No Holyrood election would be complete without talk of a revival for the Conservatives north of the border, but how realistic is the prospect of the party overtaking Labour for second place?
Several polls suggesting the Tories could be within a hair’s breadth of Kezia Dugdale’s party in the constituency vote have sent speculation into overdrive, with one survey last month putting the parties neck-and-neck on 19 per cent.
The idea the Tories are a “toxic” brand has become so ingrained in Scotland it is easy to forget that the party and its predecessors once commanded wide support north of the border.
The Unionist Party - later to merge with the Conservative Party of England and Wales to form the modern Scottish Conservative Party in 1965 - famously won a majority of the Scottish vote in the 1955 general election, and gained the most votes in Scotland again in 1959, although fewer seats than Labour.
From these heights, historian Tom Devine has attributed the party’s subsequent fall in support to a decline in former sectarian voting patterns in Scotland coupled with the policies of Margaret Thatcher’s Conservative government in the 1980s.
The party’s performance reached a nadir in the 1997 general election when the Tories lost all of their Scottish MPs.
It is ironic that it took the creation of the Scottish Parliament, opposed by the Conservatives, to restore electoral credibility to the party north of the border.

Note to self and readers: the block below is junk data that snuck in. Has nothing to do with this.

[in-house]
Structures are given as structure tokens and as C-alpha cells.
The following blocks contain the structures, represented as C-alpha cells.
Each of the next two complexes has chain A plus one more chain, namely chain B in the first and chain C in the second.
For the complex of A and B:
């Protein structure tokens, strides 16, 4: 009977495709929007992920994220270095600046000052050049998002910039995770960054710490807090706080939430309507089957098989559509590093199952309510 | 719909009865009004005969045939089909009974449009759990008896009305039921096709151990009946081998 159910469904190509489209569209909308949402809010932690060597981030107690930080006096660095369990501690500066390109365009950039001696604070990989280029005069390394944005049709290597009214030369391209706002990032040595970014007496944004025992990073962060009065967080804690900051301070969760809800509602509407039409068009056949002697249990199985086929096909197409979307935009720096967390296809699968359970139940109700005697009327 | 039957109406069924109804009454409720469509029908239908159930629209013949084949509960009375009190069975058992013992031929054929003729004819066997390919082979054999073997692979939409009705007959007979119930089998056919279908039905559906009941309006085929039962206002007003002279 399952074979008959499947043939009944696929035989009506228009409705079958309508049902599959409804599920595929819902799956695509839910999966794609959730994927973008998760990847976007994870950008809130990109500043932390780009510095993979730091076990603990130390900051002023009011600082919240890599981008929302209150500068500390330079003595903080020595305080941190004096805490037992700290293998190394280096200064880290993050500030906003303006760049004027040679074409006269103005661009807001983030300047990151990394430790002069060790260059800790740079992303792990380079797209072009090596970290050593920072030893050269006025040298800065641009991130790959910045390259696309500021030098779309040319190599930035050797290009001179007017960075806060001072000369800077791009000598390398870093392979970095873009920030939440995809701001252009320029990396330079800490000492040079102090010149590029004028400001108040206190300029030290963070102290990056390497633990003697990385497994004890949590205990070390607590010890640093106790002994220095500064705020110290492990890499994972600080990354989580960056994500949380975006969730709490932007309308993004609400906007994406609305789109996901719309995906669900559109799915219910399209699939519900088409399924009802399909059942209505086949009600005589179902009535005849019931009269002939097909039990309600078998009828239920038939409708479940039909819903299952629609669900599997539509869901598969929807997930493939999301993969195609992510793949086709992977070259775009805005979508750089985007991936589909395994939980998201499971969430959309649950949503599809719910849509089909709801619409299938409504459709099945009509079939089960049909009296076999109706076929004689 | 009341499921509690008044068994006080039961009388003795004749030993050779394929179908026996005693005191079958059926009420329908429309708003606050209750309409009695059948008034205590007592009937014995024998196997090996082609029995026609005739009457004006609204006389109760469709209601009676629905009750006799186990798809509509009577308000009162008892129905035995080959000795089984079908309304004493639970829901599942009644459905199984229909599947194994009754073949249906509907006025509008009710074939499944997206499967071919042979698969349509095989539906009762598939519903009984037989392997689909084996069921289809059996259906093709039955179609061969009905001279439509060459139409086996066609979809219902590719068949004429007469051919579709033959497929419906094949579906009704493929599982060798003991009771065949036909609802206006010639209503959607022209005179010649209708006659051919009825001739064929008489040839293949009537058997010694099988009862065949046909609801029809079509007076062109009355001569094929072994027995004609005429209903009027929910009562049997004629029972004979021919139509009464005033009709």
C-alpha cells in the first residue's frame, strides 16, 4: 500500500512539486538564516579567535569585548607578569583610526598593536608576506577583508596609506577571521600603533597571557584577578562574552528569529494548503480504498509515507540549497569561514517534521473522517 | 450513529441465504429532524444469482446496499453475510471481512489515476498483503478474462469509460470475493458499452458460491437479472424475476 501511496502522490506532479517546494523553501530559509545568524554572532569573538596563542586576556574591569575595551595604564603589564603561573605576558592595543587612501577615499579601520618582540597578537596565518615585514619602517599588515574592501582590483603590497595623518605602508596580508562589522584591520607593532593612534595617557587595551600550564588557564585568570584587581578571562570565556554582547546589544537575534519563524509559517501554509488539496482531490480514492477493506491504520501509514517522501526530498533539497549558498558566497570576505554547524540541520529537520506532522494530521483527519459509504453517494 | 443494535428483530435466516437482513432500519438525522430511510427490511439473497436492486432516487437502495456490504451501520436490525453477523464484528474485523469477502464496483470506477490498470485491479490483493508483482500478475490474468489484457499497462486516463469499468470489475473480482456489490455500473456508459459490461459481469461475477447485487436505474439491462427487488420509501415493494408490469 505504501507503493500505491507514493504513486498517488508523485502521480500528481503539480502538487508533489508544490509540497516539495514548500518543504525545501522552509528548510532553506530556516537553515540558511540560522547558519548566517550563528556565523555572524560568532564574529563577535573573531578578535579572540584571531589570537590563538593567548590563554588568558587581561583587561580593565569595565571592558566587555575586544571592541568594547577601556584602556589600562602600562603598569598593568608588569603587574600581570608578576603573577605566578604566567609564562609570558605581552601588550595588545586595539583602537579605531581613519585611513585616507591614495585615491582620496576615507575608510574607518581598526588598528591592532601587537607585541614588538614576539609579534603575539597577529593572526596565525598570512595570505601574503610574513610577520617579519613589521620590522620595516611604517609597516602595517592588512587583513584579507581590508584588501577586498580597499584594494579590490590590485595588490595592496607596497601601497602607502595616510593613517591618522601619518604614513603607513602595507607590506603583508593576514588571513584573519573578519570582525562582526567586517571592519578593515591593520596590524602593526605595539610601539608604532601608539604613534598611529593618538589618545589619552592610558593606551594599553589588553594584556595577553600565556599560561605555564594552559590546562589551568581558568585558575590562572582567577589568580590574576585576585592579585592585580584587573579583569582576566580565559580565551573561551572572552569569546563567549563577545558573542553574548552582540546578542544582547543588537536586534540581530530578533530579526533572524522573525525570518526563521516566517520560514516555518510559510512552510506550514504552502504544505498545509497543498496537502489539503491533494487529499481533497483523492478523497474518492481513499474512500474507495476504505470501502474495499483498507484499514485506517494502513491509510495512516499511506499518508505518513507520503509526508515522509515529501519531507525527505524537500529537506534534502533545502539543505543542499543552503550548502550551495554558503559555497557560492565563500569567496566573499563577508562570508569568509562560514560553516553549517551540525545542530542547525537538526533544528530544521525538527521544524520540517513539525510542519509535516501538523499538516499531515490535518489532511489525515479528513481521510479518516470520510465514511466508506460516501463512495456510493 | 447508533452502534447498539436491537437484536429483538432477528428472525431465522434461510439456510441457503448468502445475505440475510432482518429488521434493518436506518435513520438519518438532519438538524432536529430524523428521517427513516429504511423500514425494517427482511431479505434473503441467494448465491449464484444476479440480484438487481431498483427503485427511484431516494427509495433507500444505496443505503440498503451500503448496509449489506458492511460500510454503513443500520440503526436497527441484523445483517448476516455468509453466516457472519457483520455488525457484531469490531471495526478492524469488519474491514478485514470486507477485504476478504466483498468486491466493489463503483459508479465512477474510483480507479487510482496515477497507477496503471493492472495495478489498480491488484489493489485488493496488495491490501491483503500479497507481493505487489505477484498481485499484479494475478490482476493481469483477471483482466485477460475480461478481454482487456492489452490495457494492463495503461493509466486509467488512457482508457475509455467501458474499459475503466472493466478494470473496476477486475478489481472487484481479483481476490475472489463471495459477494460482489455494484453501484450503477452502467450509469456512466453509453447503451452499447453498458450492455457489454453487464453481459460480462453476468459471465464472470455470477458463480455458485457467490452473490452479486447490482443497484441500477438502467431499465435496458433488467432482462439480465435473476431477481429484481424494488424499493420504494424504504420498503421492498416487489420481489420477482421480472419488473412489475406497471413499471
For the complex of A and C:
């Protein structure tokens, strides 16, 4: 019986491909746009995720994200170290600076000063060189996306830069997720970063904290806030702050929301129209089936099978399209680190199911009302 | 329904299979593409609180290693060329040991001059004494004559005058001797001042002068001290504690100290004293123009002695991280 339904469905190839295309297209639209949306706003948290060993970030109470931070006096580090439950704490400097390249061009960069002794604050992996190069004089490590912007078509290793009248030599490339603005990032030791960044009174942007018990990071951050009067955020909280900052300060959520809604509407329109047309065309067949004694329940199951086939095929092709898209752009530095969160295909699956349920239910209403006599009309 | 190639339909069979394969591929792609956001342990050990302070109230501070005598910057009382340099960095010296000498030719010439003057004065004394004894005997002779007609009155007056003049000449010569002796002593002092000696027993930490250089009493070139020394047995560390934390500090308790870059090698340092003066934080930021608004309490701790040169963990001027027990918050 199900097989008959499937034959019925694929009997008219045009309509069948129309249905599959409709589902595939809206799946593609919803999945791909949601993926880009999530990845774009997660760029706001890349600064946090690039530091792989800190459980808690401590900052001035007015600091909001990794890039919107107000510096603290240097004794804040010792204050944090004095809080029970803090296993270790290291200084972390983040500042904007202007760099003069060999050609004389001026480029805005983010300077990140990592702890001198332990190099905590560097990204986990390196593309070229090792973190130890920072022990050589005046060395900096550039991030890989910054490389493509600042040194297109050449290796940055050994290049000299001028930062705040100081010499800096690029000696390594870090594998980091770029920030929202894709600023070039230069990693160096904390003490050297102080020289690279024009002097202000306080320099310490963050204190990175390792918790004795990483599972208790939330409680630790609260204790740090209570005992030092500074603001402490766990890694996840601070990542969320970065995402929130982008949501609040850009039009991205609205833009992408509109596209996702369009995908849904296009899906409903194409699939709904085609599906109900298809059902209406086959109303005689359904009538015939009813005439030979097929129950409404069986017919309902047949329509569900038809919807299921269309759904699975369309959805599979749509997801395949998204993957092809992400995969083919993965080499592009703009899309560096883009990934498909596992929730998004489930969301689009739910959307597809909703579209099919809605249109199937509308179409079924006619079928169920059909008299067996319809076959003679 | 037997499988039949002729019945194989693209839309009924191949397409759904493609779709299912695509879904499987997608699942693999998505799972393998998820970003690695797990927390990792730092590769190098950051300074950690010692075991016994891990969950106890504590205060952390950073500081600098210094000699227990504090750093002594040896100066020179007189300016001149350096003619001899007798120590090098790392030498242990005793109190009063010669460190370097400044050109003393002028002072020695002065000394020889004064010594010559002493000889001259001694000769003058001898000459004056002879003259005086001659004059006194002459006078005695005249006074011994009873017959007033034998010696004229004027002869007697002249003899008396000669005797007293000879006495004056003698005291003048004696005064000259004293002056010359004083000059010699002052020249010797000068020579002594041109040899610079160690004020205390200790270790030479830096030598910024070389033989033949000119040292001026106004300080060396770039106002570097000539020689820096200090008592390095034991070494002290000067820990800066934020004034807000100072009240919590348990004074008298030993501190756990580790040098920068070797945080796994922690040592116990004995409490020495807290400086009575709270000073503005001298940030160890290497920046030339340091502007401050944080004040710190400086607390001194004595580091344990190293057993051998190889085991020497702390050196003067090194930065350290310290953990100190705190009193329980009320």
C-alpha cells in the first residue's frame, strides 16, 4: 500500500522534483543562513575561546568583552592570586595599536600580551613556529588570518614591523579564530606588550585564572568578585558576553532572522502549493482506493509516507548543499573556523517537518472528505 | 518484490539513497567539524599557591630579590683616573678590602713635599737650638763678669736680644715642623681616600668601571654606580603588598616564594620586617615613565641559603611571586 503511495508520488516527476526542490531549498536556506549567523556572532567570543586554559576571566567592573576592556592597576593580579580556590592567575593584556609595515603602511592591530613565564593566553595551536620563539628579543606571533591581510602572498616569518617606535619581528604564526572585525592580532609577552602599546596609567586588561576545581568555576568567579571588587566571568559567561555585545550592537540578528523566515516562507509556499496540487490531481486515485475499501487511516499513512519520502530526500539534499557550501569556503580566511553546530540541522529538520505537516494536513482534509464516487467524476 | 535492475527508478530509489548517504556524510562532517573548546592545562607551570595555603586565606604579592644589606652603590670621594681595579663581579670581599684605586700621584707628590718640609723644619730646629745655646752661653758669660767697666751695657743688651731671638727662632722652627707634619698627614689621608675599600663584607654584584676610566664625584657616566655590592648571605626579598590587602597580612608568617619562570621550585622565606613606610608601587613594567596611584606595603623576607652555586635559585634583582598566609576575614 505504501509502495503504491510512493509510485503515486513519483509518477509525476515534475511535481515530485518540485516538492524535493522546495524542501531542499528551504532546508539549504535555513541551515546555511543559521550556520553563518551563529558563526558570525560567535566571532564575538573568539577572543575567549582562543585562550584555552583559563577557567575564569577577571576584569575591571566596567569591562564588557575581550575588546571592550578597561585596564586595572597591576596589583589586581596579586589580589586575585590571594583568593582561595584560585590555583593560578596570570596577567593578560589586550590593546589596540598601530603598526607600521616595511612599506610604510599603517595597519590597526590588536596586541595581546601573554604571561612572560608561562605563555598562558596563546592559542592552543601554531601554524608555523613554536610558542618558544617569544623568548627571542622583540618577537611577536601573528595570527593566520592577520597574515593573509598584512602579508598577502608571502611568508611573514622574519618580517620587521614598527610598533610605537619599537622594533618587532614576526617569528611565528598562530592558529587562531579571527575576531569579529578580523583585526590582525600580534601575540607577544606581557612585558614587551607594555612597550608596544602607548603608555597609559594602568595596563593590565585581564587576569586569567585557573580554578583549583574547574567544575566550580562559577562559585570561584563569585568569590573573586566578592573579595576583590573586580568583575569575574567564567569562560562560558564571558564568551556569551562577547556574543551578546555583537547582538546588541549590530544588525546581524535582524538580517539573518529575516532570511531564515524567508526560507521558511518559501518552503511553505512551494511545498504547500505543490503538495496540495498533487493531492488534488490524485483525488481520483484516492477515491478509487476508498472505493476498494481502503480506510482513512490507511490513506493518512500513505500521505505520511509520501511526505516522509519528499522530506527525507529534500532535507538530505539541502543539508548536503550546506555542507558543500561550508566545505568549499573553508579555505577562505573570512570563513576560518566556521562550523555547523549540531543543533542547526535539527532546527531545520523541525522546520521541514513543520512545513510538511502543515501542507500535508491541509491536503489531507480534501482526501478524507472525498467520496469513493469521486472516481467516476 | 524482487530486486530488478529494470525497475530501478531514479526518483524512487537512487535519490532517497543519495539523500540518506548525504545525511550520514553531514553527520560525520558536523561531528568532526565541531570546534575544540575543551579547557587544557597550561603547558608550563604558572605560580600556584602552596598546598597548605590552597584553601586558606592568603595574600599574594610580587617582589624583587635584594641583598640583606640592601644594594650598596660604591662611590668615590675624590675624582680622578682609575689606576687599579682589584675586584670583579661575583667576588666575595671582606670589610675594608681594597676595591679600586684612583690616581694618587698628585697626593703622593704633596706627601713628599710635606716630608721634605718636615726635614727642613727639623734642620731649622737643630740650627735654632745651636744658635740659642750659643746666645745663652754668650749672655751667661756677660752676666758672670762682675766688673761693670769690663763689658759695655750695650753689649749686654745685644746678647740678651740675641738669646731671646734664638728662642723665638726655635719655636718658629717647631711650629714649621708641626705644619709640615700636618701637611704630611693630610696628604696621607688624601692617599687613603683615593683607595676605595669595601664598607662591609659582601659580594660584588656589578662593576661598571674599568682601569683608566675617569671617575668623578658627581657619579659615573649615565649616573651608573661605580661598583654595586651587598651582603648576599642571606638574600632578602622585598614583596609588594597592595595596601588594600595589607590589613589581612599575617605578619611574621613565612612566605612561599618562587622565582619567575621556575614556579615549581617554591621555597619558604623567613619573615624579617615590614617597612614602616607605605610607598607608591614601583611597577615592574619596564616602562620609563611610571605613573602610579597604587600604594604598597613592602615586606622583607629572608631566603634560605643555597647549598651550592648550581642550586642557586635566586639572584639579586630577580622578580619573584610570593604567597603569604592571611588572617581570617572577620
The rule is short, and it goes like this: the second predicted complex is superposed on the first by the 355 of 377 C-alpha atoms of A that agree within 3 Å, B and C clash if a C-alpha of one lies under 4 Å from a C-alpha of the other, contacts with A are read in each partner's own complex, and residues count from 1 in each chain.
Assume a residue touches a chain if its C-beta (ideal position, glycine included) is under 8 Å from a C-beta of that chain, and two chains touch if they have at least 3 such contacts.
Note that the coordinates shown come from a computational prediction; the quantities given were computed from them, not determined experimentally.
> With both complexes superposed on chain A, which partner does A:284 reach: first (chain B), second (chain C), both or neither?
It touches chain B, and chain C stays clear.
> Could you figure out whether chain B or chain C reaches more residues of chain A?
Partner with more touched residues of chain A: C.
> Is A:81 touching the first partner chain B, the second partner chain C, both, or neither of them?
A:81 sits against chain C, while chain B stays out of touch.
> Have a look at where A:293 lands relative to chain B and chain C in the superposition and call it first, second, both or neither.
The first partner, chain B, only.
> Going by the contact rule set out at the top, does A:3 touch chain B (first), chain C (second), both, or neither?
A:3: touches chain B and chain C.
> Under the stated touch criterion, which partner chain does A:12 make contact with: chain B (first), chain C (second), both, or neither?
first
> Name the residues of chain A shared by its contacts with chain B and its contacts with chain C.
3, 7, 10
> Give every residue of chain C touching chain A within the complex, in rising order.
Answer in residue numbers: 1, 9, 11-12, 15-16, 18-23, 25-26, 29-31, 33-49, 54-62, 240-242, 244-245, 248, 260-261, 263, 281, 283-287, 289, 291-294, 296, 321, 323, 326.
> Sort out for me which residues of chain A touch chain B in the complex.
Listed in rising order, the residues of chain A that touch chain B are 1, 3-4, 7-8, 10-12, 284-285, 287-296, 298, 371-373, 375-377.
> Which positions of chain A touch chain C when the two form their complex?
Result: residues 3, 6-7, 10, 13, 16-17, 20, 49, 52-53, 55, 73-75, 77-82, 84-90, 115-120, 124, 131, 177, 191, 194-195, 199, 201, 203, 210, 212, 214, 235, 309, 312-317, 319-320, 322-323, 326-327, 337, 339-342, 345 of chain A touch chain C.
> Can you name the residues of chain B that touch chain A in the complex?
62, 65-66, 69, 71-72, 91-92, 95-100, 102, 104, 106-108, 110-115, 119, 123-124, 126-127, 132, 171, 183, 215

At Holyrood, it has maintained a steady third place since 1999, returning 18 MSPs in the first two sessions of the parliament, before dropping to 17 in 2007. In the seismic election of 2011, the Scottish Conservatives fared only slightly better than Labour or the Liberal Democrats, losing just two seats.
But Ruth Davidson, when she took on the role of leader just months later, still faced the reality of the party’s poorest performance in a Holyrood election. Some commentators point to last year’s general election result as a sign of limited progress in restoring the party’s fortunes since then.
The Conservatives recorded their lowest share of the vote in a general election in Scotland in more than 150 years, at just 14.9 per cent.
The party can take comfort from recent polling, which puts constituency support at 16 per cent - nearing the 17 per cent support the party enjoyed in 2003 and 2007 - and regional backing at 18 per cent, level with Labour.
While a more likely outcome may be a return to the Scottish Conservatives’ former strength at Holyrood, there is little doubt that Labour’s electoral freefall has given Ruth Davidson’s party the best chance yet of making the dream of second place a reality.